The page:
Travelers or Travellers?

Since a few people pointed out to us that “travelers” should be written with double “l”, here is a brief explanation.

Ironically, all of these people so far were German speaking and not native English speakers. Therefore it can probably be assumed that this error is due to the strong UK-style English lessons at German schools. Yes, “travellers” actually is written with two “l” in British spelling – in the American however not. And yes, we adapt ourselves to American English: We write “color”, “theater” and “cookie” – not “colour”, “theatre” and “biscuit”.

Nevertheless, of course we have thought about that when choosing our name. Naturally, we want to feel comfortable with the English that we write, and it’s quite logical that we prefer the linguistic variation, which we also use in spoken conversation. And we just don’t speak with a British accent, not to mention all the strange words. (Seriously, who actually calls a “zucchini” “courgette“? 😛 Although we have to admit that “lorry” sounds a lot cuter than “truck” and “telly” as “TV” or “ice lolly” as “popsicle” and “loo” instead of “toilet”, but we’re simply not talking to babies. And why would you call an “airplane” “aeroplane” when you say “air” and not “aero”?)

Almost as important to us, however, is to reach as many people as possible. That’s why we looked at the Google Trends: While “traveler” and “traveller” provide a neck-and-neck race, when it comes to “travelers” vs. “travellers” and “traveling” vs. “travelling” the American version is clearly ahead.

Of course, we are also interested in the countries from which these search queries are made.

According to Google, the bulk of the queries with the British spelling comes – not very surprisingly – from Europe and the former British colonies Australia, New Zealand, India, Thailand and South Africa (and: Saudi Arabia, presumably because of the British universities). Whereas those who prefer “travelers” to “travellers” are, logically, the US, most countries of South and Central America and Eastern Europe, China, the Philippines and Indonesia. In Canada, Egypt and Russia it’s balanced. However, the interesting part: In the linguistically predominantly British-influenced countries there are still more queries with American spelling than vice versa.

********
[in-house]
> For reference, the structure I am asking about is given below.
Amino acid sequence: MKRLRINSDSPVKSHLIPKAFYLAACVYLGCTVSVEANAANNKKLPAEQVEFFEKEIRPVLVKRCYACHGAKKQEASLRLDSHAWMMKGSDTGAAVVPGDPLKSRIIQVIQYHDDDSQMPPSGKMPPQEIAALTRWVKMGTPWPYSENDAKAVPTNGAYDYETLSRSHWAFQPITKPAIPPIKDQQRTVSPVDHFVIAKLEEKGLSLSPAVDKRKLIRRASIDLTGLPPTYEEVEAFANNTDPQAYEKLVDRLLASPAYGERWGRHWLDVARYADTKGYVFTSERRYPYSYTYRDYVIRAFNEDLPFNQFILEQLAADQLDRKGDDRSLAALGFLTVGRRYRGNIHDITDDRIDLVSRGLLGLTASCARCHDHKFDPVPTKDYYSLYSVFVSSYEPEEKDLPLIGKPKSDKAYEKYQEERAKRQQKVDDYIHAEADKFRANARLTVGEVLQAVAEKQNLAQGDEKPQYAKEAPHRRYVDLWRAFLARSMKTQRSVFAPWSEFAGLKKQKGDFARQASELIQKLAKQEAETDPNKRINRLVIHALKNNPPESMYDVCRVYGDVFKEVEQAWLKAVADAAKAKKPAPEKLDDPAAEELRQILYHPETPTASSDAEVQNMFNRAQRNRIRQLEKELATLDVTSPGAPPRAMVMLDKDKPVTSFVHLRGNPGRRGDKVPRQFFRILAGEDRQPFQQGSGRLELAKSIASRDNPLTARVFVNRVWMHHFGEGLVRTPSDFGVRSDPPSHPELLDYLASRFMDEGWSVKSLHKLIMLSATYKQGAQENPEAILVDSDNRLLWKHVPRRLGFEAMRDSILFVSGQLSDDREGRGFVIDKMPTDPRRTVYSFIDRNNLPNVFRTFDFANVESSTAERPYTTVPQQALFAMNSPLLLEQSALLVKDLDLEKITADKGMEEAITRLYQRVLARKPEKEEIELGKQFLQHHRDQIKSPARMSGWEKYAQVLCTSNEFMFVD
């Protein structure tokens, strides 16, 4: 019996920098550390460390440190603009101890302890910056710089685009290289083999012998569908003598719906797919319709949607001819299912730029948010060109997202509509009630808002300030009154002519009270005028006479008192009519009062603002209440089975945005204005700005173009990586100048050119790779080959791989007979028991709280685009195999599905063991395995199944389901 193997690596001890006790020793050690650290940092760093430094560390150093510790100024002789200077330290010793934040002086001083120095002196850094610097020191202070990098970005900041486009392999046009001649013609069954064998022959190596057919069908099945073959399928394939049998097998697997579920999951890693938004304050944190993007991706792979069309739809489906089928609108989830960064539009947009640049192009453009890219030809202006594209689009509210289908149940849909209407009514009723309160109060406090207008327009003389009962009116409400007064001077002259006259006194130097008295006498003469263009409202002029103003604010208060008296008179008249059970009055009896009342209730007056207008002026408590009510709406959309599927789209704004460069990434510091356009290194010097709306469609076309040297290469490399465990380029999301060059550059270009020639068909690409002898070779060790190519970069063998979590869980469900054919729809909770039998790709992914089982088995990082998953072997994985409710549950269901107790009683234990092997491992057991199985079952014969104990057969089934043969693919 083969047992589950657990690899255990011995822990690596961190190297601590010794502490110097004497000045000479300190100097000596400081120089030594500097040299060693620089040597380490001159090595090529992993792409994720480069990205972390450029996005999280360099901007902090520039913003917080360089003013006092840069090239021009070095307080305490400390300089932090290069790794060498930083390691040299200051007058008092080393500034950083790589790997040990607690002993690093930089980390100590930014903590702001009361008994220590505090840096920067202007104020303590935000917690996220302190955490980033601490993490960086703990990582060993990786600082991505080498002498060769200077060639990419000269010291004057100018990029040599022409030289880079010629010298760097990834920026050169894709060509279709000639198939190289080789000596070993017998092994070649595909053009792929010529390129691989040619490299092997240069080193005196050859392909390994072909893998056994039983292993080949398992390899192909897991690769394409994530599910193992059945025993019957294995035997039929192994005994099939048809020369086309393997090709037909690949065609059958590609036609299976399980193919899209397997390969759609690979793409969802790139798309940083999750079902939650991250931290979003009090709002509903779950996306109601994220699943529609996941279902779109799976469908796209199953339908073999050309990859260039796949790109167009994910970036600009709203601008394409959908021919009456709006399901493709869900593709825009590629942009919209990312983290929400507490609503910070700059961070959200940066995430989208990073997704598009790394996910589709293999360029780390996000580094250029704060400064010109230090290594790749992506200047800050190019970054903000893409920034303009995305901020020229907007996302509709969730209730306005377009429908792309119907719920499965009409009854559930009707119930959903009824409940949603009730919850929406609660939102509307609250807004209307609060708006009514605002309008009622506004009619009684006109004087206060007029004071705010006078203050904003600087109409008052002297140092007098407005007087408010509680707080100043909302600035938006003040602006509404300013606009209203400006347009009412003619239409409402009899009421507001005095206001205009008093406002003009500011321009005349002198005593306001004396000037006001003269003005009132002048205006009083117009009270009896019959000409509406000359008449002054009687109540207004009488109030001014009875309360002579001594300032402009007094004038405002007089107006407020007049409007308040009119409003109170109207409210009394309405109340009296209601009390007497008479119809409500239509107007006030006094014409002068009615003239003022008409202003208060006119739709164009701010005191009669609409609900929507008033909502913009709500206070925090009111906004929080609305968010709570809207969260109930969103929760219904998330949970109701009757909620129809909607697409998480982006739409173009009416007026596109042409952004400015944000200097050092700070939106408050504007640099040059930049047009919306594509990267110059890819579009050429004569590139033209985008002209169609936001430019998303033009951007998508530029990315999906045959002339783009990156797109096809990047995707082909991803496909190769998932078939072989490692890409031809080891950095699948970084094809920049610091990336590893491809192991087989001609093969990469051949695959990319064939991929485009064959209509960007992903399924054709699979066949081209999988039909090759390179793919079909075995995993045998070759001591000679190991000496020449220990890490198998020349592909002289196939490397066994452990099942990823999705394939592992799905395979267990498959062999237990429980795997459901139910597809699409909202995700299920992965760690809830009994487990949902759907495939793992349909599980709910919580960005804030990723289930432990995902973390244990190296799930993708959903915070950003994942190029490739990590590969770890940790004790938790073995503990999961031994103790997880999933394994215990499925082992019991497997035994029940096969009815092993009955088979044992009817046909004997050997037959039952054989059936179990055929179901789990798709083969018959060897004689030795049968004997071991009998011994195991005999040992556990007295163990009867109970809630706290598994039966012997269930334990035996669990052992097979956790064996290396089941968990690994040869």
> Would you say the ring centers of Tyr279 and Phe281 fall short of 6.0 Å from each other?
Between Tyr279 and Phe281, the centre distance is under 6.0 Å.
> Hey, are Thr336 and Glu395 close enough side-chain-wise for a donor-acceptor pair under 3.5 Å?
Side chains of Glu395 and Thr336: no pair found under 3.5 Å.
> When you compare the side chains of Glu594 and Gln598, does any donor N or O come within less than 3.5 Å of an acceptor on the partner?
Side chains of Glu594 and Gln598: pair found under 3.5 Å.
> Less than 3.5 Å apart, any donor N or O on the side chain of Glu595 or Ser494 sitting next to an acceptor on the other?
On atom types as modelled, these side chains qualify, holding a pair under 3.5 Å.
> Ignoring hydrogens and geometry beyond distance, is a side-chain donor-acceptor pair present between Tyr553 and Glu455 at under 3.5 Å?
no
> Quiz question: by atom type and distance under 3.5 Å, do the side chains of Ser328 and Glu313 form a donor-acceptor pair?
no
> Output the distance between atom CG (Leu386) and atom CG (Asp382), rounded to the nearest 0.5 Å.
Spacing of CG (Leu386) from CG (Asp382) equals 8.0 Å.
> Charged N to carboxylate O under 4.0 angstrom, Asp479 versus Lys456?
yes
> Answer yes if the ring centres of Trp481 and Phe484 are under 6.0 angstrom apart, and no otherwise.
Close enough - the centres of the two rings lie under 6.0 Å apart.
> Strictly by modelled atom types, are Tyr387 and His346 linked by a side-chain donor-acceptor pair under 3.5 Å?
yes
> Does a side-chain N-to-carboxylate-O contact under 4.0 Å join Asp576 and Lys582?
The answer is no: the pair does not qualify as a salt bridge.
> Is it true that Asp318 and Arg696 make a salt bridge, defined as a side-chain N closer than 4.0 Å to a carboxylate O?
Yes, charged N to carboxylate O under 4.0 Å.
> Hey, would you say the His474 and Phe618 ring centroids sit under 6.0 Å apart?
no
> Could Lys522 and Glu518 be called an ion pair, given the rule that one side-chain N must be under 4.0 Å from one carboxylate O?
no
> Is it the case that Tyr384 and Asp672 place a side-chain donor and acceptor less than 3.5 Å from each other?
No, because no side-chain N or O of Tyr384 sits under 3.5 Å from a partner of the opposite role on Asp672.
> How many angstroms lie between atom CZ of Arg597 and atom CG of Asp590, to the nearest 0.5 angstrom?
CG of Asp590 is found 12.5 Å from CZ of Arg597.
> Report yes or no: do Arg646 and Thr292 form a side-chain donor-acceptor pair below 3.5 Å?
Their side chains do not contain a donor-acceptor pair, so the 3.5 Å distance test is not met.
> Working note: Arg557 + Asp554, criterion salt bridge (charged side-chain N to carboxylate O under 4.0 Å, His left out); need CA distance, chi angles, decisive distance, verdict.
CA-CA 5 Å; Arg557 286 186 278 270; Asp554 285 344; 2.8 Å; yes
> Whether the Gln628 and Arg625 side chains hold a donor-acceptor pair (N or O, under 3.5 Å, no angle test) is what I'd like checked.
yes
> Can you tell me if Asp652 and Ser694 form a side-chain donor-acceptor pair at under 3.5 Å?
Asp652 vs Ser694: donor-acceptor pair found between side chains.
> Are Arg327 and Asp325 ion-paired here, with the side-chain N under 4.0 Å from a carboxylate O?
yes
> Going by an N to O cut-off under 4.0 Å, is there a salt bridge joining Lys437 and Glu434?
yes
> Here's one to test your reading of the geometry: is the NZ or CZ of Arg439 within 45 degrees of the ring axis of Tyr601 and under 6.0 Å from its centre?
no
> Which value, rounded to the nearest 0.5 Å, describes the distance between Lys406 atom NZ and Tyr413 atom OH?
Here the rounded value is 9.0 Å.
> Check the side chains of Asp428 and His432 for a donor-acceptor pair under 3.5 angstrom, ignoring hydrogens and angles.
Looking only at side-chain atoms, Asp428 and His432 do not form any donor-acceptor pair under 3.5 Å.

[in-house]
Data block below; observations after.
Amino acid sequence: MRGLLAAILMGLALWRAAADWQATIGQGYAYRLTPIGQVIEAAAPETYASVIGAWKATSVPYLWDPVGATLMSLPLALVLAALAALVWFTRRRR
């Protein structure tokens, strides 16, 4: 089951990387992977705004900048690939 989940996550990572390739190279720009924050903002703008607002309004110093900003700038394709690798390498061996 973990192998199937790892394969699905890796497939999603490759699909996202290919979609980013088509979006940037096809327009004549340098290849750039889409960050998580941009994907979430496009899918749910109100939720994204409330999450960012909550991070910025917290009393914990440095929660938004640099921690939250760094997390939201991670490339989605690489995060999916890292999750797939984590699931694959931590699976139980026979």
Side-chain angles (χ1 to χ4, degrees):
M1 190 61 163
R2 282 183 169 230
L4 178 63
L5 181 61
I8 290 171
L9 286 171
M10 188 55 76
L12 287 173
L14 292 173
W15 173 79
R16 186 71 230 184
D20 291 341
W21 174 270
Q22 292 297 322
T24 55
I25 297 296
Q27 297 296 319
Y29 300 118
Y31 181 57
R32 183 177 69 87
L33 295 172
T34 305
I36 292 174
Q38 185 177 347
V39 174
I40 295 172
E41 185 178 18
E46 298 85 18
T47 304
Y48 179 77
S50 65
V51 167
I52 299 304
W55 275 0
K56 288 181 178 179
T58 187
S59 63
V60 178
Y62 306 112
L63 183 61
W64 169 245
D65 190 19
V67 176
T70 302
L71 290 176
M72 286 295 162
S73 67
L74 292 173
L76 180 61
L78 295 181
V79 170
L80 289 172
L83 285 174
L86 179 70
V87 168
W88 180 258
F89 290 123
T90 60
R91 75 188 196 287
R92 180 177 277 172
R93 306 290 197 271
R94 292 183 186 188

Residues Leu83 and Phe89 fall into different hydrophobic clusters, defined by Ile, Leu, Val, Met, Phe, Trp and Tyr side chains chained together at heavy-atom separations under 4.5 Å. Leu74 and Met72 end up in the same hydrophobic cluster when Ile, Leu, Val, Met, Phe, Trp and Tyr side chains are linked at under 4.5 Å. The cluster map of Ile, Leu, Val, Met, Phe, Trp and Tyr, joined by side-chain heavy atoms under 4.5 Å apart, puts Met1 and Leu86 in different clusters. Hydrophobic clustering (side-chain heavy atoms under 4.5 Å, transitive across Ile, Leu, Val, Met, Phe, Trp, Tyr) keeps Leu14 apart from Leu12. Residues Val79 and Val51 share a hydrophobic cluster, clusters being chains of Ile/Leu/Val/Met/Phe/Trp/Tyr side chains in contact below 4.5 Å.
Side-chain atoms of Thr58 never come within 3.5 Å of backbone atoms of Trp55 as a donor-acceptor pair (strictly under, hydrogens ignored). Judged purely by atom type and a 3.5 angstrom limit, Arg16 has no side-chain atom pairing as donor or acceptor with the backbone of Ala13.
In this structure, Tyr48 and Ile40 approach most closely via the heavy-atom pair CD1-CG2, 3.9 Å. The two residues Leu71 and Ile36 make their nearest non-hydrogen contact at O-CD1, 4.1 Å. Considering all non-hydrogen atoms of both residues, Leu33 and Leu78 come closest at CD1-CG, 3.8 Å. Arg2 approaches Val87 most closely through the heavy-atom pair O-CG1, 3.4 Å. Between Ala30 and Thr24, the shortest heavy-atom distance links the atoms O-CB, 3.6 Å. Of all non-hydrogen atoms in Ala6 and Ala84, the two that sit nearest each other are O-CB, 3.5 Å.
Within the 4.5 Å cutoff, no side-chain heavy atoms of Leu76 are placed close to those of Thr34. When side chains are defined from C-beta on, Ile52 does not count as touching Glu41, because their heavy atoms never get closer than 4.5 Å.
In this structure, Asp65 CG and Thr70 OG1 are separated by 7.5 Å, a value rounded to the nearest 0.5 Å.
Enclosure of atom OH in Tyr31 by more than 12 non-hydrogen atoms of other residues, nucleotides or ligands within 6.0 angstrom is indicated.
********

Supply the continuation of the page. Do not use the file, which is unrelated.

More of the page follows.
We also get significantly more results for a Google Germany search for “traveler” than for “traveller”.

Pie chart showing the percentage of native English speakers living in "inner circle" English-speaking countries. Native speakers are now substantially outnumbered worldwide by second-language speakers of English (not counted in this chart[1]). US (64.3%) UK (16.7%) Canada (5.3%) Australia (4.7%) South Africa (1.3%) Republic of Ireland (1.1%) New Zealand (1%) Other (5.6%)
This is not surprising at all, since according to Wikipedia, the American English with well over 200 million native speakers is the most popular variety of English.

As mentioned above, we just feel more comfortable with the American spelling. And even though we sometimes use British vocabulary on our blog – whether it’s for more diversity, by mistake (after all, we’ve learned British English at school, too), or because we simply find it more appropriate, e.g. in case of the ice cream van in Bruges (in American English it would actually be an “ice cream truck”, which we rather attribute to the type of vehicle to be found there and we considered the ice cream cart photographed by us more like a “van” than a “truck”) – we find that at least the spelling should be uniform (in our case, American). And therefore we believe that our name spelling should also be consistent with the rest of the content.

And that’s why we are not “The Vegan Travellers”, but “The Vegan Travelers”. 😉

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